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Abu Dhabi, UAEWednesday 19 December 2018

Edinburgh Fringe sets the stage for Middle East performers to tell authentic, personal stories

But at this year’s Fringe, the Middle East will be seen in a different light, as artistes from the region take centre stage to present portrayals of their homelands.
B-Orders by Palestinian Circus, which is part of the Edinburgh Fringe festival. Courtesy Veronique Vercheval / Edinburgh Fringe Festival
B-Orders by Palestinian Circus, which is part of the Edinburgh Fringe festival. Courtesy Veronique Vercheval / Edinburgh Fringe Festival

A Greek tragedy in Arabic. A one-woman comedy called Shallow Halal. A Palestinian circus piece on the Israeli occupation — this year’s Edinburgh Fringe festival, which opens on Friday, once again brings a slate of shows about the Middle East to the stage in the Scottish capital.

Fringe performers have always found a rich vein of inspiration in the region. But the shows, from terrorist tragedies to children’s oriental tales, for the most part have been presented by outsiders, portraying the Middle East either as a place of conflict or of wondrous, glittering, turbaned history.

But at this year’s Fringe, the Middle East will be seen in a different light, as artistes from the region take centre stage to present portrayals of their homelands.

The personal experiences of those who come from the region is the inspiration behind many of these performances.

Egyptian-Welsh comedian Omar Hamdi says: “I’m different to some comedians in that everything is based on my real life — not an edited caricature of my life, but my actual real life.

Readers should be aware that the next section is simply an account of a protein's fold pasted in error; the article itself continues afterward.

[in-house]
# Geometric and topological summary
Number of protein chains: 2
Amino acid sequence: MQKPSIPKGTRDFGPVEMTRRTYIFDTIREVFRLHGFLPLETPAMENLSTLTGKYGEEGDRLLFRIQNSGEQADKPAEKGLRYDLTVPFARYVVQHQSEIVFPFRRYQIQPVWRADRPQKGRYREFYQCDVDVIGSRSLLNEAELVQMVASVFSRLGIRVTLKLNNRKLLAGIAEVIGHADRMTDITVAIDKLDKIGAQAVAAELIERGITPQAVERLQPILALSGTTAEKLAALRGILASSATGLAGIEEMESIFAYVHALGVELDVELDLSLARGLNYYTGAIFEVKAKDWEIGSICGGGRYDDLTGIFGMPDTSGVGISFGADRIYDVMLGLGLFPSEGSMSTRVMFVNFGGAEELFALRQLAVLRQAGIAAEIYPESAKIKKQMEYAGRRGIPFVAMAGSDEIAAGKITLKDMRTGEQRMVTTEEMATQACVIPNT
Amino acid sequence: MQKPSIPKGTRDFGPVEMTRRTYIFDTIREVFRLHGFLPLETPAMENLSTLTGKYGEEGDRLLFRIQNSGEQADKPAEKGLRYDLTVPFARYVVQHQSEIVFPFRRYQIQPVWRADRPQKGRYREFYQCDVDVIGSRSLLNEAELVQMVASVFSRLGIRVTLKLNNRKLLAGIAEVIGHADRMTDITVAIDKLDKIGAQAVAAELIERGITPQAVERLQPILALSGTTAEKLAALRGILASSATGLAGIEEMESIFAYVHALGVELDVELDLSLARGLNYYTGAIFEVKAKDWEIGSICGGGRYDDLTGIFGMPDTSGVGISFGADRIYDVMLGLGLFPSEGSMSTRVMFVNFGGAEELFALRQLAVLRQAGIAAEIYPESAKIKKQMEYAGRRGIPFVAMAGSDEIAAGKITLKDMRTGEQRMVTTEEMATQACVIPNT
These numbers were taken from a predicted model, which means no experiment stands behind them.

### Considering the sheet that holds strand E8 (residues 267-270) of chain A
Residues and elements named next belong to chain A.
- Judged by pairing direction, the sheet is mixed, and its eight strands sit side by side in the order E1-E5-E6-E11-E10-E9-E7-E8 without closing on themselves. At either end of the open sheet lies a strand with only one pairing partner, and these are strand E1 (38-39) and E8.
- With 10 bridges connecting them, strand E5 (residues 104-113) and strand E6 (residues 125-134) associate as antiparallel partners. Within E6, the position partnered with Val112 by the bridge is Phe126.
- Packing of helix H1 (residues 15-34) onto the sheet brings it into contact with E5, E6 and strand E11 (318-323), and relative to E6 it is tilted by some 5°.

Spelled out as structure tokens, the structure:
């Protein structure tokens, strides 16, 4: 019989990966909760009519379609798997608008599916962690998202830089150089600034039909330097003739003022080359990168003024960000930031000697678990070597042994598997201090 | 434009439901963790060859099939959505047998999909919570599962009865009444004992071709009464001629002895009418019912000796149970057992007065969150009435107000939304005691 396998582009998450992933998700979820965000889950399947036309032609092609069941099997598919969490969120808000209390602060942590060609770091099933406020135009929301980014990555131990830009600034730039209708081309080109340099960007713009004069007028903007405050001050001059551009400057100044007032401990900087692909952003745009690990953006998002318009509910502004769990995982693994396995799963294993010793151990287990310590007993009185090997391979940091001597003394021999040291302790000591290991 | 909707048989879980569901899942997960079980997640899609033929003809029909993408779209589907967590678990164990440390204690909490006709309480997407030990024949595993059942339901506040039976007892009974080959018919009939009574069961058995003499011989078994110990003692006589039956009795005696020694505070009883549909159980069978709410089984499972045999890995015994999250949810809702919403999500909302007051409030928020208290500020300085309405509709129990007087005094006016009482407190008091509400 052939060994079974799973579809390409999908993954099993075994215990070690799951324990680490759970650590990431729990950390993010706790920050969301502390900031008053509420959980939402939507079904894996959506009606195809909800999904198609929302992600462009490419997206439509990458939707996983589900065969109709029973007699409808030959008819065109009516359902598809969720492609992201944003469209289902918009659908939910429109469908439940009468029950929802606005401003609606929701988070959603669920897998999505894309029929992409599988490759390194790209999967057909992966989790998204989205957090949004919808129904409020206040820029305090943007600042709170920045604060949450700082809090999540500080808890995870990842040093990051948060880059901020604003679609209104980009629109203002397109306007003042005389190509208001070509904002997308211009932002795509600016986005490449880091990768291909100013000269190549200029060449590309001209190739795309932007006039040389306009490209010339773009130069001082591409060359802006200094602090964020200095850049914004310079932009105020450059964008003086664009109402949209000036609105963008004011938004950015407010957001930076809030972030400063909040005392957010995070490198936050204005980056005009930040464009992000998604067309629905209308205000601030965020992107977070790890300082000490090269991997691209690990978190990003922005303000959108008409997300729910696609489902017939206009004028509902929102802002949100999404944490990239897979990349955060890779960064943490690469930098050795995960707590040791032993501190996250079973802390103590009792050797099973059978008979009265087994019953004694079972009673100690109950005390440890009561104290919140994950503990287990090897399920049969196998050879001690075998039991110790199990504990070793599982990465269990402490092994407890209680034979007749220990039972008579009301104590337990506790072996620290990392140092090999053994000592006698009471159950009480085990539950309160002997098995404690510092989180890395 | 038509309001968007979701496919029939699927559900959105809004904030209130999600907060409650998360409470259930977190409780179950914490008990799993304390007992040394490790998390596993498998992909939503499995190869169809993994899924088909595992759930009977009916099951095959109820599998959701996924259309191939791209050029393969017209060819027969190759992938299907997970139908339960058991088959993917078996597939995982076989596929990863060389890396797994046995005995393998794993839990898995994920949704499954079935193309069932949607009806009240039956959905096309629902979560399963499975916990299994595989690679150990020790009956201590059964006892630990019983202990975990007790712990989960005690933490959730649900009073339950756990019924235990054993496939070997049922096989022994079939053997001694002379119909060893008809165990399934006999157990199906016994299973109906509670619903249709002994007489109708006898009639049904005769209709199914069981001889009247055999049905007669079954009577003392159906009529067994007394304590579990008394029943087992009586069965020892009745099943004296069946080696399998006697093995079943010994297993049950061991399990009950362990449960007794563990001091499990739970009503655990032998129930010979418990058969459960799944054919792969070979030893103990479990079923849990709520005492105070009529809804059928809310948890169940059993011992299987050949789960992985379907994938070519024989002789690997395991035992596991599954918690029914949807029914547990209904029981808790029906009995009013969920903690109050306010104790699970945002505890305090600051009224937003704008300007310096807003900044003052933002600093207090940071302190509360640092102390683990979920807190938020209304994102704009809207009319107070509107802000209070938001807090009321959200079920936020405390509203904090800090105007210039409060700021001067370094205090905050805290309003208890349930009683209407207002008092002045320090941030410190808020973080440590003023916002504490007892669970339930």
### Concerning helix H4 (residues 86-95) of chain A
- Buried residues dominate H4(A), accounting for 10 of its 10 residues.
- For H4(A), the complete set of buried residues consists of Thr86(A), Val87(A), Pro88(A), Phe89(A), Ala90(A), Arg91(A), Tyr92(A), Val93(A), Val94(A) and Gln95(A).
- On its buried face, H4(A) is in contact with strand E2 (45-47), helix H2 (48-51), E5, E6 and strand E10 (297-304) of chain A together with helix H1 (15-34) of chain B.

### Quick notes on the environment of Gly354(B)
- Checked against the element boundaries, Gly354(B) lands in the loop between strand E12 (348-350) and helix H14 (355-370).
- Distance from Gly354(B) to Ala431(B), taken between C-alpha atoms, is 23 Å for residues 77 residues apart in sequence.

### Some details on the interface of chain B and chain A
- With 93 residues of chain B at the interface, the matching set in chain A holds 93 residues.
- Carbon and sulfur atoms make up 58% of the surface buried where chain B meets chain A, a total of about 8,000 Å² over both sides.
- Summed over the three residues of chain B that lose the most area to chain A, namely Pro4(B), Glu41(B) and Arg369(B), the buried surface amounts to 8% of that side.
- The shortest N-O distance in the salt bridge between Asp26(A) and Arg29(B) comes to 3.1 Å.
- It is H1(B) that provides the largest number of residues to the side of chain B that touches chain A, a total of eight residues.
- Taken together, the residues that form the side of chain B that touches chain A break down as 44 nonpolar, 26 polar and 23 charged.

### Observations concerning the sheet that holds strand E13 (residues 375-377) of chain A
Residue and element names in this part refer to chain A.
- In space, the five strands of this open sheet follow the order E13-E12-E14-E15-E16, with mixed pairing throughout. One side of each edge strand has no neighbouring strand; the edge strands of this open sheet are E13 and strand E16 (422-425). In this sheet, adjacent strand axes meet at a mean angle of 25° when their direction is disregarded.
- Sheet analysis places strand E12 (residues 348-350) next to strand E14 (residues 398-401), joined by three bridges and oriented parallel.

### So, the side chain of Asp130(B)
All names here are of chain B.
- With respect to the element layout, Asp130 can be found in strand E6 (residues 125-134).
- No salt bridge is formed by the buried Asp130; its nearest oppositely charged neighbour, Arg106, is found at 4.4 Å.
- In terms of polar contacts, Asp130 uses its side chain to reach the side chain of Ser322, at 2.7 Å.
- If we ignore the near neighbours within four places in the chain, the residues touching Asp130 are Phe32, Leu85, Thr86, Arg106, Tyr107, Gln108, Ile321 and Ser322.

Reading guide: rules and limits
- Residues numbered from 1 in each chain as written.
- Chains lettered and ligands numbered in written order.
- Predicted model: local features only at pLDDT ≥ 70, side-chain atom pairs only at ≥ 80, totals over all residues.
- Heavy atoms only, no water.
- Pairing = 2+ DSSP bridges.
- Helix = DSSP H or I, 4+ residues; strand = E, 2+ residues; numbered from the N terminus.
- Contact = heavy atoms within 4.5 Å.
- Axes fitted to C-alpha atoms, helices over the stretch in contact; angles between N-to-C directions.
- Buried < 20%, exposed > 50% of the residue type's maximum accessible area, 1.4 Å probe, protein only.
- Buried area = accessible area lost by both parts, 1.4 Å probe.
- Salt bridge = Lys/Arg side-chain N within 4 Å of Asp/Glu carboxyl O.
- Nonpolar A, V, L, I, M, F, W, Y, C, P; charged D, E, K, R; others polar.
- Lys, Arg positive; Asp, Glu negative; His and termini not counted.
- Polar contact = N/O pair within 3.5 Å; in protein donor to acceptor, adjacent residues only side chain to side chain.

“But I don’t stop there. I use my life as a springboard to try to understand big issues such as ethnicity, politics, masculinity.”

He says it is his background that makes his show, In the Valleys of the Kings, stand out.

“Doing comedy has made me realise how different I am,” he says. “On one level I’m just a normal guy who can go out for lunch and have a chat. But on another level, I’m completely different — the books I’ve read, the films I’ve watched, the places I’ve visited, the people I’ve met. My influences are different to every other comedian here.”

It’s not that performers from outside the region can’t create shows about the region — they just do it differently and with a different, more distant perspective.

Sajeela Kershi is bringing two shows to the Fringe. Immigrant Diaries is storytelling and stand-up provided entirely by a group of immigrant performers, while Shallow Halal is her one-woman show. “Anyone could have made this show — but I doubt they would have the same true stories as mine, which include being a Taliban hostage, near-death third-degree burns on my first birthday, or getting held at airport security trying to convince them that the notebook I’m carrying is full of comedy material not the minutes from an ISIS meeting,” she says.

Audiences also respond to the power of her personal tales.

“When you share a true story, you are literally standing there naked with your heart on your sleeve,” she says. “That is possibly the most powerful performance, the most generous thing you can give an audience.”

But it is more than the life history of the performers that makes these performances so powerful, according to Michael Malek Najjar of the University of Oregon, the author of Arab American Drama, Film and Performance.

“These performers embody the cultural knowledge that has been handed down for generations, whether that be through their linguistic abilities, their knowledge of cultural forms, or because they are transmitting their personal experiences living under war.”

The story behind Antigone: An Arabian Tragedy shows what a difference influences and background make to a production.

What began as two separate plays — a year-long project by the One World Actors Centre, Kuwait, to produce Jean Anouih’s Antigone in English and in Arabic — became one.

“The English and Arabic versions took on completely separate identities,” says Eleni Rebecca, who plays the English-speaking Antigone.

“The English version is steeped in traditional history, concentrating on the Celtic rebellion in Roman-occupied Britain. The Arabic became contemporary, resonating with cultural themes of honour and sacrifice in the modern Middle East.

“With such differences in the characters and approaches to the production, the decision was made to discover how they mirrored each other through combining the texts into one unique bilingual play.”